As kichnerismo enters its ninth year, the populist economic model is beginning to fray. Price controls and contract abrogation have damaged foreign investment flows. Government expenditures increased last year by 40% while revenues were up by only 30%, according to Universidad Torcuato Di Tella economist Pablo Guidotti. “If the economy slows it will aggravate this fiscal weakness,” he told me in a telephone interview last week.
Normally deficits can be financed in the international capital markets. But Argentina has been cut off since 2001 because it is in default to the Paris Club governments and to private creditors. Mr. Guidotti says the central bank has been “printing” money to close the gap. Inflation estimates by other private-sector economists of over 21% in 2011 support his claim.
The central bank insists that annual inflation is only 10%, and it has used capital controls and market intervention to limit peso devaluation to a similar level. Markets know better. The truth is showing up in the drag on Argentine competitiveness in export markets, i.e., Argentine products are too expensive. It is clear that the peso will eventually face a much larger devaluation and Argentines therefore prefer to hold dollars. But experience tells them that holding dollars inside Argentina isn’t real protection, and tighter capital controls have increased fears of confiscation. This is why Mrs. Kirchner has employed sniffer dogs.
On the fiscal side trouble is also looming. Even with generous central bank accommodation, Mr. Guidotti says, fiscal accounts are “deteriorating.” The government has recognized this and announced that it will reduce subsidies in gas, electricity and water and will stop subsidizing the Buenos Aires subway. While the administration claims the utility cutbacks will only hit the wealthy, Mr. Guidotti says “it will affect almost everybody except the very poor,” who will have to apply for an exemption. Last week ticket prices on the subway in the capital went up by more than 100%. But by all accounts the belt tightening has only just begun.
Border: The helicopter crash Friday that killed Mexico’s top Cabinet official, Jose Francisco Blake, couldn’t have come at a worse time. Cartels are acquiring heavy arms to challenge the state and to move their war to the U.S.
In Mexico, Blake, the Interior Secretary, was the best hope of winning the war against the vicious cartels, who’ve killed as many as 86,000 people.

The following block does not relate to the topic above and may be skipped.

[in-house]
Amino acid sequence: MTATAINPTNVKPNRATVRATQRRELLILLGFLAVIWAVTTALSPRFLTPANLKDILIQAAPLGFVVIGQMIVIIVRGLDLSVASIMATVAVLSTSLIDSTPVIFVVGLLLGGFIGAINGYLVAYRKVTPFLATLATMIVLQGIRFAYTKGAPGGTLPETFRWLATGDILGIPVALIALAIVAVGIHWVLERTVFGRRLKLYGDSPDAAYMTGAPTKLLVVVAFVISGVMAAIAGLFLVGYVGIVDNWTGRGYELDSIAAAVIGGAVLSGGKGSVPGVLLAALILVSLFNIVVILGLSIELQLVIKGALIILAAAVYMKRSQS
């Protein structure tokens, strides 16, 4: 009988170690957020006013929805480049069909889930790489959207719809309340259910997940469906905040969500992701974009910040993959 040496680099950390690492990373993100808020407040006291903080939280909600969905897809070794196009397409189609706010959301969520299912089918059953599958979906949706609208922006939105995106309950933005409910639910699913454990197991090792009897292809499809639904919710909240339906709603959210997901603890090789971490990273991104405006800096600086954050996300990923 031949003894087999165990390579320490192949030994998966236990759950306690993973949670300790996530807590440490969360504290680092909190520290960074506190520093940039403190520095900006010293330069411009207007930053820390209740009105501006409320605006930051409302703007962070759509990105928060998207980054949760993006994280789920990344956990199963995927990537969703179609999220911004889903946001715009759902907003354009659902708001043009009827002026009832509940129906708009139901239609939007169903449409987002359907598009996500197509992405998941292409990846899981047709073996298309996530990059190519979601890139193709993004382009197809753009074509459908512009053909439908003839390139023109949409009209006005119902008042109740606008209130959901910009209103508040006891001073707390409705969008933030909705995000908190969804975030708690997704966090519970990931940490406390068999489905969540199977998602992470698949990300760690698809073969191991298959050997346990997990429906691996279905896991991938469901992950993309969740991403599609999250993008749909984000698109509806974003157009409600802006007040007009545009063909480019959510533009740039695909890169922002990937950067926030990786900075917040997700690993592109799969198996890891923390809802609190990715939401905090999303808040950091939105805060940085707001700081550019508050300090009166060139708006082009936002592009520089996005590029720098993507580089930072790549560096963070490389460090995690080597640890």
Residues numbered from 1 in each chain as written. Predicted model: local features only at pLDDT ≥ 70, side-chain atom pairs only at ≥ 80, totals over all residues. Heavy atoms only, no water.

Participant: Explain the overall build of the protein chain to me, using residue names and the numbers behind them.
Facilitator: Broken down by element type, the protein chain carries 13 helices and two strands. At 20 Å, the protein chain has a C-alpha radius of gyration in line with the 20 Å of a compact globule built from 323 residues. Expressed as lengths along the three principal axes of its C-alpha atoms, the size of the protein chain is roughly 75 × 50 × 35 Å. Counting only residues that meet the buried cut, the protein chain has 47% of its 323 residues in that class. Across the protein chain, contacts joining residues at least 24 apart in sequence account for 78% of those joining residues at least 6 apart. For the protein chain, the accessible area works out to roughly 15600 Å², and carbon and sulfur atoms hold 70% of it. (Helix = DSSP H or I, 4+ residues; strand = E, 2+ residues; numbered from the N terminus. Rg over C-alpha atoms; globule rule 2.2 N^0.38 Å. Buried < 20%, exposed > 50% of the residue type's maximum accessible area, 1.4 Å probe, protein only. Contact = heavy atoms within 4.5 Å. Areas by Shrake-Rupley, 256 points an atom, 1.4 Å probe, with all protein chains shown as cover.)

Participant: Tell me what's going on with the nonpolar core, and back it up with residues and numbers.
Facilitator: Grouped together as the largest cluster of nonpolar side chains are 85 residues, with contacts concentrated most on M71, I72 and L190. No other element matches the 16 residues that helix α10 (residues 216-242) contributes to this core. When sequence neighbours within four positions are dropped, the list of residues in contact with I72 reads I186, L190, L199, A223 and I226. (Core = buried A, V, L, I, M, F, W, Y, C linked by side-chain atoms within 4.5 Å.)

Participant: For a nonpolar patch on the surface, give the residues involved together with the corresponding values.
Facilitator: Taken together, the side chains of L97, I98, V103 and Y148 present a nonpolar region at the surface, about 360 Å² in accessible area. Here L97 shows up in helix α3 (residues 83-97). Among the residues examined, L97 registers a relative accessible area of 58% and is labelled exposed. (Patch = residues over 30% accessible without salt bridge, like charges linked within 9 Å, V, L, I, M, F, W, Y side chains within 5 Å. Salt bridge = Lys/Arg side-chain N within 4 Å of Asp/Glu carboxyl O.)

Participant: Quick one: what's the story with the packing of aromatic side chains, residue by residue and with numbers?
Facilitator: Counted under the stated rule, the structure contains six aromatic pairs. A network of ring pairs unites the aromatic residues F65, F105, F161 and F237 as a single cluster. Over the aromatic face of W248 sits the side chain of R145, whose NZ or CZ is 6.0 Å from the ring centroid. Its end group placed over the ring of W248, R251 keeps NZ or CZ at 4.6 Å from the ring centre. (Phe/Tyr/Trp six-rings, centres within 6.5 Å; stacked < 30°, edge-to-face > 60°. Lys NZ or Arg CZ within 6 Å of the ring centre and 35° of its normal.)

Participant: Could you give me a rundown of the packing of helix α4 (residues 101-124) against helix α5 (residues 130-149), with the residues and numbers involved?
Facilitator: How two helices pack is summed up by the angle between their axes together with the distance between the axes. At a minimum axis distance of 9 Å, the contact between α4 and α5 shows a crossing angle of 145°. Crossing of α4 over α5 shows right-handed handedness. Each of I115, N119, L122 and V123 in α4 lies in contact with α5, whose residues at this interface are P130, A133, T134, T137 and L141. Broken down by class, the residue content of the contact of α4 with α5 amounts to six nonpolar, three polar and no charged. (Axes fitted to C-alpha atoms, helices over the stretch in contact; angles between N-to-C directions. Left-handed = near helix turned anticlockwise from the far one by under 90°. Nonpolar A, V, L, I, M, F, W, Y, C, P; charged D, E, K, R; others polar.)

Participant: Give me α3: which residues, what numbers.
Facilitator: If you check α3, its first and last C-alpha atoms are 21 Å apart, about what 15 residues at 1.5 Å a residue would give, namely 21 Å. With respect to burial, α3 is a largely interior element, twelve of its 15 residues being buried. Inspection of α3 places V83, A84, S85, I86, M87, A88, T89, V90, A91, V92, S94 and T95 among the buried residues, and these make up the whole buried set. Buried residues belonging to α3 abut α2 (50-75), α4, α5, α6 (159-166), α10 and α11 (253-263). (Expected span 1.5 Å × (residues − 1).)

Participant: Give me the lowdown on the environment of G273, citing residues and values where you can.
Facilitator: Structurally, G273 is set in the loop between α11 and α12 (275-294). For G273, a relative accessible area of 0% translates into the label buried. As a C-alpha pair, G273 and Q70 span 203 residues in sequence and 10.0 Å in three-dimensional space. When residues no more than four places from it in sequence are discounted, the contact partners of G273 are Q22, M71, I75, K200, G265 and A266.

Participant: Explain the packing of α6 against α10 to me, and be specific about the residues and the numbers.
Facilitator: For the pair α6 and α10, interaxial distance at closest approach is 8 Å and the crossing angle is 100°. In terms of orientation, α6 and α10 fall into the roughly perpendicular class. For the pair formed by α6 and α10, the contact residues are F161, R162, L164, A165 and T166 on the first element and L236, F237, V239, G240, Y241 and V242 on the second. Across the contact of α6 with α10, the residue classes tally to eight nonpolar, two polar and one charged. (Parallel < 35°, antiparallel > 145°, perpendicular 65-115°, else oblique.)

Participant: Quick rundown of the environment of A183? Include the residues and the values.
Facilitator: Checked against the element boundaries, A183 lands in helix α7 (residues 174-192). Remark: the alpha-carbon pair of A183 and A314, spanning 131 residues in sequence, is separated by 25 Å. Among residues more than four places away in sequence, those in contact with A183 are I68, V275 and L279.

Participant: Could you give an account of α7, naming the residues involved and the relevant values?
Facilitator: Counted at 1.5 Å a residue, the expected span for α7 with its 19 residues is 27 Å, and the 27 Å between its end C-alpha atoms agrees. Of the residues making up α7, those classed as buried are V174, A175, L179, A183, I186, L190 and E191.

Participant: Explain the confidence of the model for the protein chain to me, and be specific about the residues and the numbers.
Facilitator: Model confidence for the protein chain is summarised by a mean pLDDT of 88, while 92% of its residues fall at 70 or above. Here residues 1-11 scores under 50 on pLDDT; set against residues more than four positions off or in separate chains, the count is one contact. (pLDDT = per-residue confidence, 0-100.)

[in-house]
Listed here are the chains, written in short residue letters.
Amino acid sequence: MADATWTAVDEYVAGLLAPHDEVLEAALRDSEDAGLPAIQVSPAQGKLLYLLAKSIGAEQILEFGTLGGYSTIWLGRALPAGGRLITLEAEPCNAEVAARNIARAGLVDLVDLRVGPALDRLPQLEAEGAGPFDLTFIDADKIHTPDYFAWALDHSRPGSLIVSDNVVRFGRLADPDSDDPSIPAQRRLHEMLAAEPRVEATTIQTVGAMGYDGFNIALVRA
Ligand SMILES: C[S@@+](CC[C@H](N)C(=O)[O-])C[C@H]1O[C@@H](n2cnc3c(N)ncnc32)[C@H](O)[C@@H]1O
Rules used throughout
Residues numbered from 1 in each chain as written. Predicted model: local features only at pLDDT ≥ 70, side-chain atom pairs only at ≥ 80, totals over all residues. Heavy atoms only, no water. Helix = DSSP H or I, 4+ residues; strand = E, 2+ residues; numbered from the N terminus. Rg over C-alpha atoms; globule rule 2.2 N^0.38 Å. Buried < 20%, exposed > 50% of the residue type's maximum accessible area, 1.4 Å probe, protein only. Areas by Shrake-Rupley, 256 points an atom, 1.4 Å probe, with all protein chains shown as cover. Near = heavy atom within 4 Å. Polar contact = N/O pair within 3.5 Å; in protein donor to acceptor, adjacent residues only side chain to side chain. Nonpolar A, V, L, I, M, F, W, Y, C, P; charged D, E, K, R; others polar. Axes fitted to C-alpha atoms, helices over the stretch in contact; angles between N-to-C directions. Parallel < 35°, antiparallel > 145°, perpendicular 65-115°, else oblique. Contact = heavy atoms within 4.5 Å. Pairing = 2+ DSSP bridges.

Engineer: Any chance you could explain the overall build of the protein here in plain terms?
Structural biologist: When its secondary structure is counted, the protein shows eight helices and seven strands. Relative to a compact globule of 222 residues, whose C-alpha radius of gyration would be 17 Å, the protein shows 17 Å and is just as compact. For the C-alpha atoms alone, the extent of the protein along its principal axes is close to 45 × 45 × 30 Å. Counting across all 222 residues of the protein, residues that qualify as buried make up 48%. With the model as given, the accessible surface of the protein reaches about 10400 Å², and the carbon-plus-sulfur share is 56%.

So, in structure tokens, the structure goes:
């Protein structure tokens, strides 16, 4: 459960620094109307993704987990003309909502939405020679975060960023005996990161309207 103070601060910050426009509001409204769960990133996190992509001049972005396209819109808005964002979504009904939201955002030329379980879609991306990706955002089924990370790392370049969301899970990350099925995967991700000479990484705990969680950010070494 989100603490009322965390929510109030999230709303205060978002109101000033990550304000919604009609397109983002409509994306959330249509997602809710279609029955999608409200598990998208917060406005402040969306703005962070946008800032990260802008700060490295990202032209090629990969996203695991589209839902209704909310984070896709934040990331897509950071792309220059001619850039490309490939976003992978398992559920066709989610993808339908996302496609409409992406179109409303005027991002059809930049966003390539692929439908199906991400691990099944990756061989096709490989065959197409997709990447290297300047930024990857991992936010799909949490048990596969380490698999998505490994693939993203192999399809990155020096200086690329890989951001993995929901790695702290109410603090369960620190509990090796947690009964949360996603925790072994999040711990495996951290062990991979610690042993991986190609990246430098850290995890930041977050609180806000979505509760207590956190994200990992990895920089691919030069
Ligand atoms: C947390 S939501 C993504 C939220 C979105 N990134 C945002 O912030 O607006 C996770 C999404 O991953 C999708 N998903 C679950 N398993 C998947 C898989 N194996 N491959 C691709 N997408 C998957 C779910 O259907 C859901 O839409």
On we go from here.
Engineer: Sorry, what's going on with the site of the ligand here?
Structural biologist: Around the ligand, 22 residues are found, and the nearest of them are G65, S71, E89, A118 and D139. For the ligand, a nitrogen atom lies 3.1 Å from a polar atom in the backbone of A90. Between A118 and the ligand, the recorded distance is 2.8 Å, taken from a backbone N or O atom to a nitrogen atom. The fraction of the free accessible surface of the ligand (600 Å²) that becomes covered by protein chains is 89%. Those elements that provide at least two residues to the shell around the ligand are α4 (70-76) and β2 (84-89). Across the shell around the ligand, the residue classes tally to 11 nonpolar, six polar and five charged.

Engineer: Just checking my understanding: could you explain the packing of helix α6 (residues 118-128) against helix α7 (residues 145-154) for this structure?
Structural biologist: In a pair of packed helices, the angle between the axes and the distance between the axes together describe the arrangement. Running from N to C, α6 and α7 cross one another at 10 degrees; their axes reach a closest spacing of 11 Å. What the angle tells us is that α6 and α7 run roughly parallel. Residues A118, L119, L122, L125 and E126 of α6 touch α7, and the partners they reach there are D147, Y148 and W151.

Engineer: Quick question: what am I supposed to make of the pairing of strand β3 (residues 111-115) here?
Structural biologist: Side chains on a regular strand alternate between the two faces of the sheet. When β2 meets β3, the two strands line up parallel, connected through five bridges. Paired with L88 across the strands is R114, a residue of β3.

Blake, 45, had managed to crush the cartels and cut crime in his native Tijuana before he was asked to do the same for the country in the top Cabinet job in 2010.
He had some success — five of the top seven cartel capos were knocked off by the end of his watch.
But he’s the second interior secretary killed in a helicopter crash since 2008, and that leaves a great sense of uneasiness. Mexico’s currency fell on news of his death, the cause of which is still undetermined.
Chevron’s suit alleges that the named defendants, and certain non-party co-conspirators, have used the Ecuador lawsuit to threaten Chevron, mislead U.S. government officials, and harass and intimidate Chevron employees, all in order to extort a financial settlement from the company.
Seven police officers were arrested Friday for allegedly helping assassinate a Mexican mayor.
The arrests came a day after Edelmiro Cavazos, 38, the mayor of Santiago, was buried. His body—gagged, blindfolded, and showing signs of torture—had been found on the side of the road after he was kidnapped.
“They have confessed,” Alejandro Garza y Garza, the attorney general of Nuevo Leon state, said at a news conference.
Six of the arrested police officers, including Mr. Cavazos’s bodyguard, were displayed to reporters. A seventh police officer was detained later Friday.
Mr. Garza y Garza said other arrests were imminent as well.
An eyewitness said a group of at least 15 gunmen, dressed in the uniforms of a defunct Mexican police force, drove up to Mr. Cavazos’ Santiago home in a convoy of SUVs.
Adrian de la Garza, head of the Nuevo Leon State Investigations Agency, said four of the arrested officers had guarded the highway while a group of kidnappers including one of the arrested officers grabbed Mr. Cavazos.
The mayor’s bodyguard, Jose Alberto Rodriguez, who was also arrested, was allegedly grabbed with Mr. Cavazos by the kidnappers, but released unharmed shortly afterward.
During the news conference, Mr. Rodriguez said he was innocent.
The alleged involvement of so many local police in the kidnapping and killing of Mr. Cavazos goes to the heart of Mexico’s security problem, analysts say.
Corruption is deeply entrenched among Mexico’s more than 2,000 municipal and state police forces, as well as in its relatively small federal police force.
Perhaps Felipe Calderon ought to work on that, instead of coming to the USA to criticize us.
About the only good news on this is that at least the policemen were arrested.